Defense Date


Document Type


Degree Name

Doctor of Philosophy



First Advisor

Donald Brophy

Second Advisor

Robert Diegelmann


Trauma continues to be a major cause of death across the globe. While the exact causes of trauma differ greatly between the military and civilian lifestyles, the ability to stop bleeding after trauma is paramount for survival. Over the past decade coagulation research has transitioned from a classical understanding of plasma based protein coagulation to the current cell focused research. As part of this shift, platelets have become a central player in hemostasis. Unfortunately little is currently understood about how platelet function is affected by trauma. In an effort to better define platelet function during trauma and the resulting shock from exsanguination, a multipronged approach was developed. The hypothesis that the introduction of a state of clinical shock in a controlled environment would allow for an in-depth assessment of trauma-induced coagulopathy led to the development of a swine based model of hemorrhagic shock. In this model a composite injury consisting of soft tissue damage, long bone fracture, and controlled hemorrhage was used to induce a moderate state of hypovolemic shock. As a result of this injury the animals showed both the beginning of a plasma protein consumption coagulopathy as well as kinetic quickening in the clotting process. These surprising results show competing up-regulation and down-regulation of the coagulation system in response to trauma induced shock. To better define the effect of polytrauma on platelet function in a human population a clinical study was conducted. The hypothesis behind the development of this study was that the examination of platelet function during polytrauma would lead to a more complete understanding of the effects of trauma on hemostasis. This study resulted in the identification of two separate but not mutually exclusive coagulopathies in response to trauma. The first was the traditional consumption based coagulopathies recently suggested to be varying degrees of disseminated intravascular coagulopathy. The second was a development a hypercoagulable state that may be attributed to increased platelet function. The identification of these two competing coagulopathies in separate models highlights the inadequacies of the current plasma based clinical testing, and the need for increased whole blood testing in the trauma treatment environment.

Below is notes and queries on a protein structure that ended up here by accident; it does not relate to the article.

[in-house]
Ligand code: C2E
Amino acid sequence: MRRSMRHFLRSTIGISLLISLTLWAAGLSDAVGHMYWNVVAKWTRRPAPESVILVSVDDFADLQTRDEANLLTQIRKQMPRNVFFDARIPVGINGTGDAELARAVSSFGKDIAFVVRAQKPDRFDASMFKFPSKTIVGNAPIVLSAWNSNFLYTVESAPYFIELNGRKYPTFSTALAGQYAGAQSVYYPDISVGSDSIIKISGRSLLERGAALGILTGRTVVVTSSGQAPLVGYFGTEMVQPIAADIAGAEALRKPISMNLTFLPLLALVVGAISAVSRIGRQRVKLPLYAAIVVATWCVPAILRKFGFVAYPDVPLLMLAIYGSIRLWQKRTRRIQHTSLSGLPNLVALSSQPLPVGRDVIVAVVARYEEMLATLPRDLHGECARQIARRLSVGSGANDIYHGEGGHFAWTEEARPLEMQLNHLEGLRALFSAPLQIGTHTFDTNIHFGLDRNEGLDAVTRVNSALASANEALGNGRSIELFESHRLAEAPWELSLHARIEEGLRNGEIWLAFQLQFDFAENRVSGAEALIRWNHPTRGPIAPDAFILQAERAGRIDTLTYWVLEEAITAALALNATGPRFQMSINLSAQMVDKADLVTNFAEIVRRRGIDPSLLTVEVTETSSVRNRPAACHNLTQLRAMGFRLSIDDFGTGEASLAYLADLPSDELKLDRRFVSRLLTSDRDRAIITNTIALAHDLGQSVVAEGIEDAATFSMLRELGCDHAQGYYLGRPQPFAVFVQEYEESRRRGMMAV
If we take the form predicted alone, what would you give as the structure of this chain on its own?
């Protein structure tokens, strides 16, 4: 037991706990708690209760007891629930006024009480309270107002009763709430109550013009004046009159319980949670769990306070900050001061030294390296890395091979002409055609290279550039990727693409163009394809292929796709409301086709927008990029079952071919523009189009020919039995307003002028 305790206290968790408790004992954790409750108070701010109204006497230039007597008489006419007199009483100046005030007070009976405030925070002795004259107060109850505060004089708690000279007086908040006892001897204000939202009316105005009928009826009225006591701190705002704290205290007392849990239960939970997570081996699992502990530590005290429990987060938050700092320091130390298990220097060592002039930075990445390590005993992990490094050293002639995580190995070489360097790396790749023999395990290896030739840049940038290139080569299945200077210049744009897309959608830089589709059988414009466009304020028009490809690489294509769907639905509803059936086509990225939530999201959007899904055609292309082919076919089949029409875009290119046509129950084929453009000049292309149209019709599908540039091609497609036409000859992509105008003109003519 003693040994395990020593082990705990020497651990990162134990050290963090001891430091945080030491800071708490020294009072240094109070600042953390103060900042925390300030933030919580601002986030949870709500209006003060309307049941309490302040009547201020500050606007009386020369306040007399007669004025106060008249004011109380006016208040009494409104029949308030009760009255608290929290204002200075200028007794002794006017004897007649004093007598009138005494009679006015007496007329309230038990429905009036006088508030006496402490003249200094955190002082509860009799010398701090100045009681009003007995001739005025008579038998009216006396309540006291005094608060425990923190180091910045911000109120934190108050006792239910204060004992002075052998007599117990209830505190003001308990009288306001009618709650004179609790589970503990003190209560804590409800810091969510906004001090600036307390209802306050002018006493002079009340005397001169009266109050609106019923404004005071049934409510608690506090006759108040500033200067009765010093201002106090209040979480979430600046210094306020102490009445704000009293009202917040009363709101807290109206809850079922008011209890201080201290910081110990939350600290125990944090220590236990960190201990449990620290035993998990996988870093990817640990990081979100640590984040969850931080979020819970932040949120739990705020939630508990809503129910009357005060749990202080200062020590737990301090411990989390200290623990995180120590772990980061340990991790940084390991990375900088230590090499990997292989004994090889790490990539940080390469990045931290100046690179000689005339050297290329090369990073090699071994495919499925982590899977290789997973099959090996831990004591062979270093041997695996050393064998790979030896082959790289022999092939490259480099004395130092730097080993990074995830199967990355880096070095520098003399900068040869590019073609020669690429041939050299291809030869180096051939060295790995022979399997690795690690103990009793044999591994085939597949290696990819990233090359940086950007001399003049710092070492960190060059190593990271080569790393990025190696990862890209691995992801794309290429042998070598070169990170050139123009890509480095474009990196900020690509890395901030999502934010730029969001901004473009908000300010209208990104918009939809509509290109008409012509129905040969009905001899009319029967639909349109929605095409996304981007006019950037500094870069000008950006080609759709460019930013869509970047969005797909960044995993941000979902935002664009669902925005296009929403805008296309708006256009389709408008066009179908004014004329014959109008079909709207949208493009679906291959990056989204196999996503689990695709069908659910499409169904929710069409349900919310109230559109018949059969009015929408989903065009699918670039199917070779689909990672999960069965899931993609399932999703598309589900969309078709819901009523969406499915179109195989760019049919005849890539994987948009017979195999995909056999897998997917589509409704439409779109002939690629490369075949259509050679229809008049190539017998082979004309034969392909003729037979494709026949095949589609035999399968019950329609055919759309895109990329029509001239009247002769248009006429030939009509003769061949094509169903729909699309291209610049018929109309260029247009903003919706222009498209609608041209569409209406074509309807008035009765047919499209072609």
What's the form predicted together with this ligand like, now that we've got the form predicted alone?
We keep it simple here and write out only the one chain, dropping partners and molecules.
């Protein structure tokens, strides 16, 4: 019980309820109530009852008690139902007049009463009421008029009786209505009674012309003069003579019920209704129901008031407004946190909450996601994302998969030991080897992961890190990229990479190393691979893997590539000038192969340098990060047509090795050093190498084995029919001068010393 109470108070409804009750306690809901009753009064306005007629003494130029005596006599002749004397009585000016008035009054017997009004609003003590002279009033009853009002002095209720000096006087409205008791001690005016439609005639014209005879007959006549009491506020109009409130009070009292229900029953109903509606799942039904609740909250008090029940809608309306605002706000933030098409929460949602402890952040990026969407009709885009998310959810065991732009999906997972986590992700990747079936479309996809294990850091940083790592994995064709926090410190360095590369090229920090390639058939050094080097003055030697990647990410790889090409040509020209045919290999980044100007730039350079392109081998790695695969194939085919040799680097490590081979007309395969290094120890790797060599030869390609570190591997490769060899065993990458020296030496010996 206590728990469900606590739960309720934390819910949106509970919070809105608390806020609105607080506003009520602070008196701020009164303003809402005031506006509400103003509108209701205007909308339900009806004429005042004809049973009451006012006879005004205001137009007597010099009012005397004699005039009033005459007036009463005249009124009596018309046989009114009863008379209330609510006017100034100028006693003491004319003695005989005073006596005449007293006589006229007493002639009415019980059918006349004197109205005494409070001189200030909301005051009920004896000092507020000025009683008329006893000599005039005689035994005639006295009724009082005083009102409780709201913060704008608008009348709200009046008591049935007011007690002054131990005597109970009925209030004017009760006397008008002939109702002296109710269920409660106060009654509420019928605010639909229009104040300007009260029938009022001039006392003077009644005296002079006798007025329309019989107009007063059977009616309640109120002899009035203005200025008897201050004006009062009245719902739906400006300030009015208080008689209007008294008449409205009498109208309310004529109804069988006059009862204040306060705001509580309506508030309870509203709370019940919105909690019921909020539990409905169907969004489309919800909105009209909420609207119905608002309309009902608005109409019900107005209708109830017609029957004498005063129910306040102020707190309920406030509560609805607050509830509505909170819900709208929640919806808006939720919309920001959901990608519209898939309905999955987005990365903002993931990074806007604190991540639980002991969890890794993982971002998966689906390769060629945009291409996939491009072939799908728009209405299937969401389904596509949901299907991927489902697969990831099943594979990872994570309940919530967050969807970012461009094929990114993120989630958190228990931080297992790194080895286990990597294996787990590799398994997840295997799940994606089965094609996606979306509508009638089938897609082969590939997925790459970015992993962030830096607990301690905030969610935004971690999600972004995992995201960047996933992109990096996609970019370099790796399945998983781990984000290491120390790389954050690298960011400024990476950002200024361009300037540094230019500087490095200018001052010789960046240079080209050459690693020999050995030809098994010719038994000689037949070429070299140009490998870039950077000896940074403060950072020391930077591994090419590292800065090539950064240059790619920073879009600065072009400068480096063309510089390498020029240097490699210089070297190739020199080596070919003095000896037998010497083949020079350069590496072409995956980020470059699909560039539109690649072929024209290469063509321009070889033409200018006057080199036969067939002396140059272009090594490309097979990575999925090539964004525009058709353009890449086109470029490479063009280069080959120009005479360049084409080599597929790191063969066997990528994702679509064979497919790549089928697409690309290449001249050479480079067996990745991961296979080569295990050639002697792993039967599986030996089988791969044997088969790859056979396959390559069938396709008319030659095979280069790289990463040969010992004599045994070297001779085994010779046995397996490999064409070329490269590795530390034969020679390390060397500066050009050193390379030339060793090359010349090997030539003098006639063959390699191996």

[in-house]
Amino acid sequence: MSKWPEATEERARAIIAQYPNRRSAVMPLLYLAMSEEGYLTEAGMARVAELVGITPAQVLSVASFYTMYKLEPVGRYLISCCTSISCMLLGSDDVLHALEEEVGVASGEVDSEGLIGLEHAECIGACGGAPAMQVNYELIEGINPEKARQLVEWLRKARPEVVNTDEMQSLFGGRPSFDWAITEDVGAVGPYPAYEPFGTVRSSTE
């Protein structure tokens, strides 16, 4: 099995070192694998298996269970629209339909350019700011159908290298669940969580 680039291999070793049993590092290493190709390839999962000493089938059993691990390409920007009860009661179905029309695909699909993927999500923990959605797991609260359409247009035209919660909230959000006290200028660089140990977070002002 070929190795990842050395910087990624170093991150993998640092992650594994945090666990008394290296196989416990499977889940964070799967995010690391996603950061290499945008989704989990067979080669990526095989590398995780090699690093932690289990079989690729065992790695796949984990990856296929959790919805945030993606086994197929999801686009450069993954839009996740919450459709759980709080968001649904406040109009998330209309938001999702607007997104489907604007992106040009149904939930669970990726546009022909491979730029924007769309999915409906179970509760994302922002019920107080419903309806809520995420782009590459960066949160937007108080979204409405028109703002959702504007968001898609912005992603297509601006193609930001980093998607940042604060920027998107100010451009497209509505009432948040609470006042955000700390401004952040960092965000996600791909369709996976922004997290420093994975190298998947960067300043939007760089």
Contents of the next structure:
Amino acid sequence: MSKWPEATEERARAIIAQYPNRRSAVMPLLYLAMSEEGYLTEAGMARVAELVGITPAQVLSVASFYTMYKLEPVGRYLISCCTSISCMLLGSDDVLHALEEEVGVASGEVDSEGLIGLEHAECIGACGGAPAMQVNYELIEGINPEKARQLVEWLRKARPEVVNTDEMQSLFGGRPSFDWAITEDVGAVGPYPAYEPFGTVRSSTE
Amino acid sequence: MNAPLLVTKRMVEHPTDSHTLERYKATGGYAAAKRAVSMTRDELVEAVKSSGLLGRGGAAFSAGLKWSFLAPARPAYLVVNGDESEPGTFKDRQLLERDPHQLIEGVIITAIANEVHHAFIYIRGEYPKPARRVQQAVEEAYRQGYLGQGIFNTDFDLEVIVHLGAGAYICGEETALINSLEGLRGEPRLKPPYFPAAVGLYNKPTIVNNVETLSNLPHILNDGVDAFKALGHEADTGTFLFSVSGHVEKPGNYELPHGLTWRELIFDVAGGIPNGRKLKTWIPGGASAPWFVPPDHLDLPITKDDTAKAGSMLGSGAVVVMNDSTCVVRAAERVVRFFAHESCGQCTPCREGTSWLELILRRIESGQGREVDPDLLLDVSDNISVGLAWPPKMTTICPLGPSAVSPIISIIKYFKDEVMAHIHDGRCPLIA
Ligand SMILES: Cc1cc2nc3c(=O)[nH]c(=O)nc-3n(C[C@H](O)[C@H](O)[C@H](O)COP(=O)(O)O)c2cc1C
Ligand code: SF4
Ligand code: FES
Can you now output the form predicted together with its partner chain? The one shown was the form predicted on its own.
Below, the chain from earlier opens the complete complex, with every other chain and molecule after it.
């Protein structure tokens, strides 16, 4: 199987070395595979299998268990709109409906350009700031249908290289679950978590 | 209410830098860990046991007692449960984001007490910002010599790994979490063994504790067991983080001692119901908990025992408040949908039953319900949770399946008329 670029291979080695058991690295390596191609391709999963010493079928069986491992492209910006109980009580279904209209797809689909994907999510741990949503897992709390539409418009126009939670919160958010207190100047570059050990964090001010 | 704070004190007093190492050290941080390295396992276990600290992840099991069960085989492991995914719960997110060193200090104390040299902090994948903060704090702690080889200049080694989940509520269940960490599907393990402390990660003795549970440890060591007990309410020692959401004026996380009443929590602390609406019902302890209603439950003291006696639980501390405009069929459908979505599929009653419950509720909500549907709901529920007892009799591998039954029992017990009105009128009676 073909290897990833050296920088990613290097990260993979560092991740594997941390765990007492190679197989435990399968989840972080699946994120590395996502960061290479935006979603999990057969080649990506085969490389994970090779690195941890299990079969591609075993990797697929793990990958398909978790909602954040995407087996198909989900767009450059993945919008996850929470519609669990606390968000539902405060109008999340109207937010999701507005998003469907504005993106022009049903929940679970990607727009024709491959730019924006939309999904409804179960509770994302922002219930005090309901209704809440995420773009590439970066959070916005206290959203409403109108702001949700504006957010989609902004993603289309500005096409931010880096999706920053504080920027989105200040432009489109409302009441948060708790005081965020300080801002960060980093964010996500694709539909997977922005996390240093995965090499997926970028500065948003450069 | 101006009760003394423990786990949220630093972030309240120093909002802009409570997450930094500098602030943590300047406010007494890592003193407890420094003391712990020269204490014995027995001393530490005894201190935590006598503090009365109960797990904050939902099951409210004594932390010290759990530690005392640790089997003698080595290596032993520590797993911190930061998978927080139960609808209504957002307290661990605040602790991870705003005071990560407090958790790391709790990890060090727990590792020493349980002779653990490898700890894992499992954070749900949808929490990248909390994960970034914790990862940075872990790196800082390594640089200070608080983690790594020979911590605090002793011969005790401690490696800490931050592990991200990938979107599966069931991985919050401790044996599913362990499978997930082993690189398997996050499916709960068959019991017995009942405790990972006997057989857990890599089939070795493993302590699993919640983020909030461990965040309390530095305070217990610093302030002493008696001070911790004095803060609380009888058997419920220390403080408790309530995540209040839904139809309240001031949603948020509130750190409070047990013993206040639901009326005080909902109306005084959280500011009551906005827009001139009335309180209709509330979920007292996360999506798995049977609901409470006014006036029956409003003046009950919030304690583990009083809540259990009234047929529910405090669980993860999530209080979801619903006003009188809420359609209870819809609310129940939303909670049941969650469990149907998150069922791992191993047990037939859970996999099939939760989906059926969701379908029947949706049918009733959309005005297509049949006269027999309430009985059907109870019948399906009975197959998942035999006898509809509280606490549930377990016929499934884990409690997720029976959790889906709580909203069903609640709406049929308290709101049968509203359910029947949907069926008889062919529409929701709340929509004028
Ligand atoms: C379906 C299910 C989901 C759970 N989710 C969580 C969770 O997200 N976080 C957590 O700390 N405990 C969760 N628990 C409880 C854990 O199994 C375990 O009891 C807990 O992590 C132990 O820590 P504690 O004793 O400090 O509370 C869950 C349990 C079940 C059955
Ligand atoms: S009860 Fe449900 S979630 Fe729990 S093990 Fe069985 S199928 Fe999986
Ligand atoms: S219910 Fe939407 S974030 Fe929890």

© The Author

Is Part Of

VCU University Archives

Is Part Of

VCU Theses and Dissertations

Date of Submission

August 2013